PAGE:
Nicole and I have decided we want to tackle this together. My husband has said we’re like Thelma and Louise driving off the cancer canyon together. We will each be updating this blog with news on our progress and CDH1 for people who may be newly diagnosed and looking for information. Please feel free to ask us any questions, we know this is a lot of overwhelming information. Thank you for reading this and supporting us on this journey. Please know we are genuinely grateful for and covet your prayers for us and our family during this time.

37 comments:

  1. Praying for you guys! And yalls family!

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  2. Praying for all of you! Love The Carter Crew

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  3. Praying for you two and your sweet family! The Burroughs family is here for you! Please don't hesitate to ask for help!

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  4. Thank you so much for sharing this. Please know that my earnest prayers are with you both!!!

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  5. Perfectly written. I love you so! I know the good Lord will be with you and Nicole every step of the way.

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    1. I love you too. I think we are both really at peace with the situation now and feel like God has led us here for a reason.

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  6. Thabk you for sharing yalls story. Praying for you, your sister and yalls family.
    Phil 4:13 Through Christ all things are possible.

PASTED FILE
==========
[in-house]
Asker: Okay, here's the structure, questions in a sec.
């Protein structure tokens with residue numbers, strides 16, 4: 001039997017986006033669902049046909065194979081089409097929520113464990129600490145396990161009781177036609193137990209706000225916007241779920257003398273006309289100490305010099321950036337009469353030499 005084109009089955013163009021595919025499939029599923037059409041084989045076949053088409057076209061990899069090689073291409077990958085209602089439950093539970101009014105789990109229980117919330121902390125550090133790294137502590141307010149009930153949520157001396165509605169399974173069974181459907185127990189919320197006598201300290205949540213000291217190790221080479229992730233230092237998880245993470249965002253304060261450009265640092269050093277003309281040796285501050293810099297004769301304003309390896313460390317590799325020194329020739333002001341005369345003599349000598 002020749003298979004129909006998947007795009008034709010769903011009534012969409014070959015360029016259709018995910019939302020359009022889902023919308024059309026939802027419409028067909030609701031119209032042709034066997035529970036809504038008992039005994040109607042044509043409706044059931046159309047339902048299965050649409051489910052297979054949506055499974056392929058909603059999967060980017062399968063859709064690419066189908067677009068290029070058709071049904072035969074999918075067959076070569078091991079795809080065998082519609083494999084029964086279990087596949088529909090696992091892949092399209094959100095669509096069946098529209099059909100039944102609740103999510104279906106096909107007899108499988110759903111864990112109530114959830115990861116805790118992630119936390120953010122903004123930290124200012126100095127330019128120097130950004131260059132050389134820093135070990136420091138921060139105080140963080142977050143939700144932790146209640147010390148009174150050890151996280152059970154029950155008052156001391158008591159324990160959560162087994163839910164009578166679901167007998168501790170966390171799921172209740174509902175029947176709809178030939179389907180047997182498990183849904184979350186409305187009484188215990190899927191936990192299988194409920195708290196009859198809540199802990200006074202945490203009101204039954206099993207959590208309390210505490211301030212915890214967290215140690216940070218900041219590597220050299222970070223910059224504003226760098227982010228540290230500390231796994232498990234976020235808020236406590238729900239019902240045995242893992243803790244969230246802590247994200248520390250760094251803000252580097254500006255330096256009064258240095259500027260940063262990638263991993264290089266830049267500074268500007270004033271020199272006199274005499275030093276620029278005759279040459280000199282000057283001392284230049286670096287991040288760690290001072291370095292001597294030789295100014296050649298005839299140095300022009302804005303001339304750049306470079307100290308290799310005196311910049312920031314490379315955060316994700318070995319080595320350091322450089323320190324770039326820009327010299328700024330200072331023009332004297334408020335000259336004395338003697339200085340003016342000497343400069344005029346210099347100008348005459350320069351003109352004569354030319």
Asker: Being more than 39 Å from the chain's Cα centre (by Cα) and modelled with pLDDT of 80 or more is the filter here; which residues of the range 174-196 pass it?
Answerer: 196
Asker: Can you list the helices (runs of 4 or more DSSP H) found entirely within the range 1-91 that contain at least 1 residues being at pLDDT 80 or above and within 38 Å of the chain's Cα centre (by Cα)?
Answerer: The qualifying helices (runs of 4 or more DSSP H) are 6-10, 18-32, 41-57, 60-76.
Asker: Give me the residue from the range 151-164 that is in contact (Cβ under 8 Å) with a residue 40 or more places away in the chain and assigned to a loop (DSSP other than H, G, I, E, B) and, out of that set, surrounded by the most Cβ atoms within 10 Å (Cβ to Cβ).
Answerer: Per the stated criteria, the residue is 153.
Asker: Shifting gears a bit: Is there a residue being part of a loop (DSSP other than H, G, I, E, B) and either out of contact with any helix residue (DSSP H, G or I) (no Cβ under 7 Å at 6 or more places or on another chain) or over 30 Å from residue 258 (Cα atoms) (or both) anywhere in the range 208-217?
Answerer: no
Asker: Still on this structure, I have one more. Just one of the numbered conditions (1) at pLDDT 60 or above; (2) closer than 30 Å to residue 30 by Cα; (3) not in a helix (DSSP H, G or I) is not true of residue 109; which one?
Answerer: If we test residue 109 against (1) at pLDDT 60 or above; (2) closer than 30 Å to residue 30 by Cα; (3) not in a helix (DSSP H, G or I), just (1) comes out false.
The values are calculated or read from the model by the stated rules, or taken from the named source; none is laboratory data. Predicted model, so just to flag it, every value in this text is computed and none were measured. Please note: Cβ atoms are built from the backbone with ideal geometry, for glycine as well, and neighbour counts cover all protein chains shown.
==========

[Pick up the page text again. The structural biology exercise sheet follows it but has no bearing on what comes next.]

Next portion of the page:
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  7. Wow! I have much love, respect, and awe for your courage and strength to share your story! Please know I am here if you need anything! Will remember you in prayer and will surely mention you to all I trust that will fervently pray for you both!

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    1. Thank you, we truly appreciate it more than you know.

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  8. Wow. I cannot begin to imagine how your lives are forever changed, you girls are so brave. I will keep you both in my thoughts and prayers.

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  9. Praying for you and your families. We are so blessed to have the information that we have today.

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    1. Thank you. And you are right, it really is a blessing to have this information and be able to be proactive.

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  10. Nicole & Jessica, you're right. You both look so much like your mother. I remember going to see your mom and I held her hand and gave her a hug when she was really sick. I will never, ever forget the day she passed. Not ever. The heavens opened up in the sky. There was a ring open in the sky that day. I love y'all both and I'm so proud of the beautiful women and mothers you've become. Oh, by the way, this is Brooke R.

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    1. Thank you Brooke. She truly was an extraordinary woman. One thing we've talked about is how she would be happy to know that through her illness and death her two girls were able to gain this knowledge and take steps to prevent these awful cancers. So she very much saved our lives.

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  11. Nicole & Jessica, you're right. You both look so much like your mother. I remember going to see your mom and I held her hand and gave her a hug when she was really sick. I will never, ever forget the day she passed. Not ever. The heavens opened up in the sky. There was a ring open in the sky that day. I love y'all both and I'm so proud of the beautiful women and mothers you've become. Oh, by the way, this is Brooke R.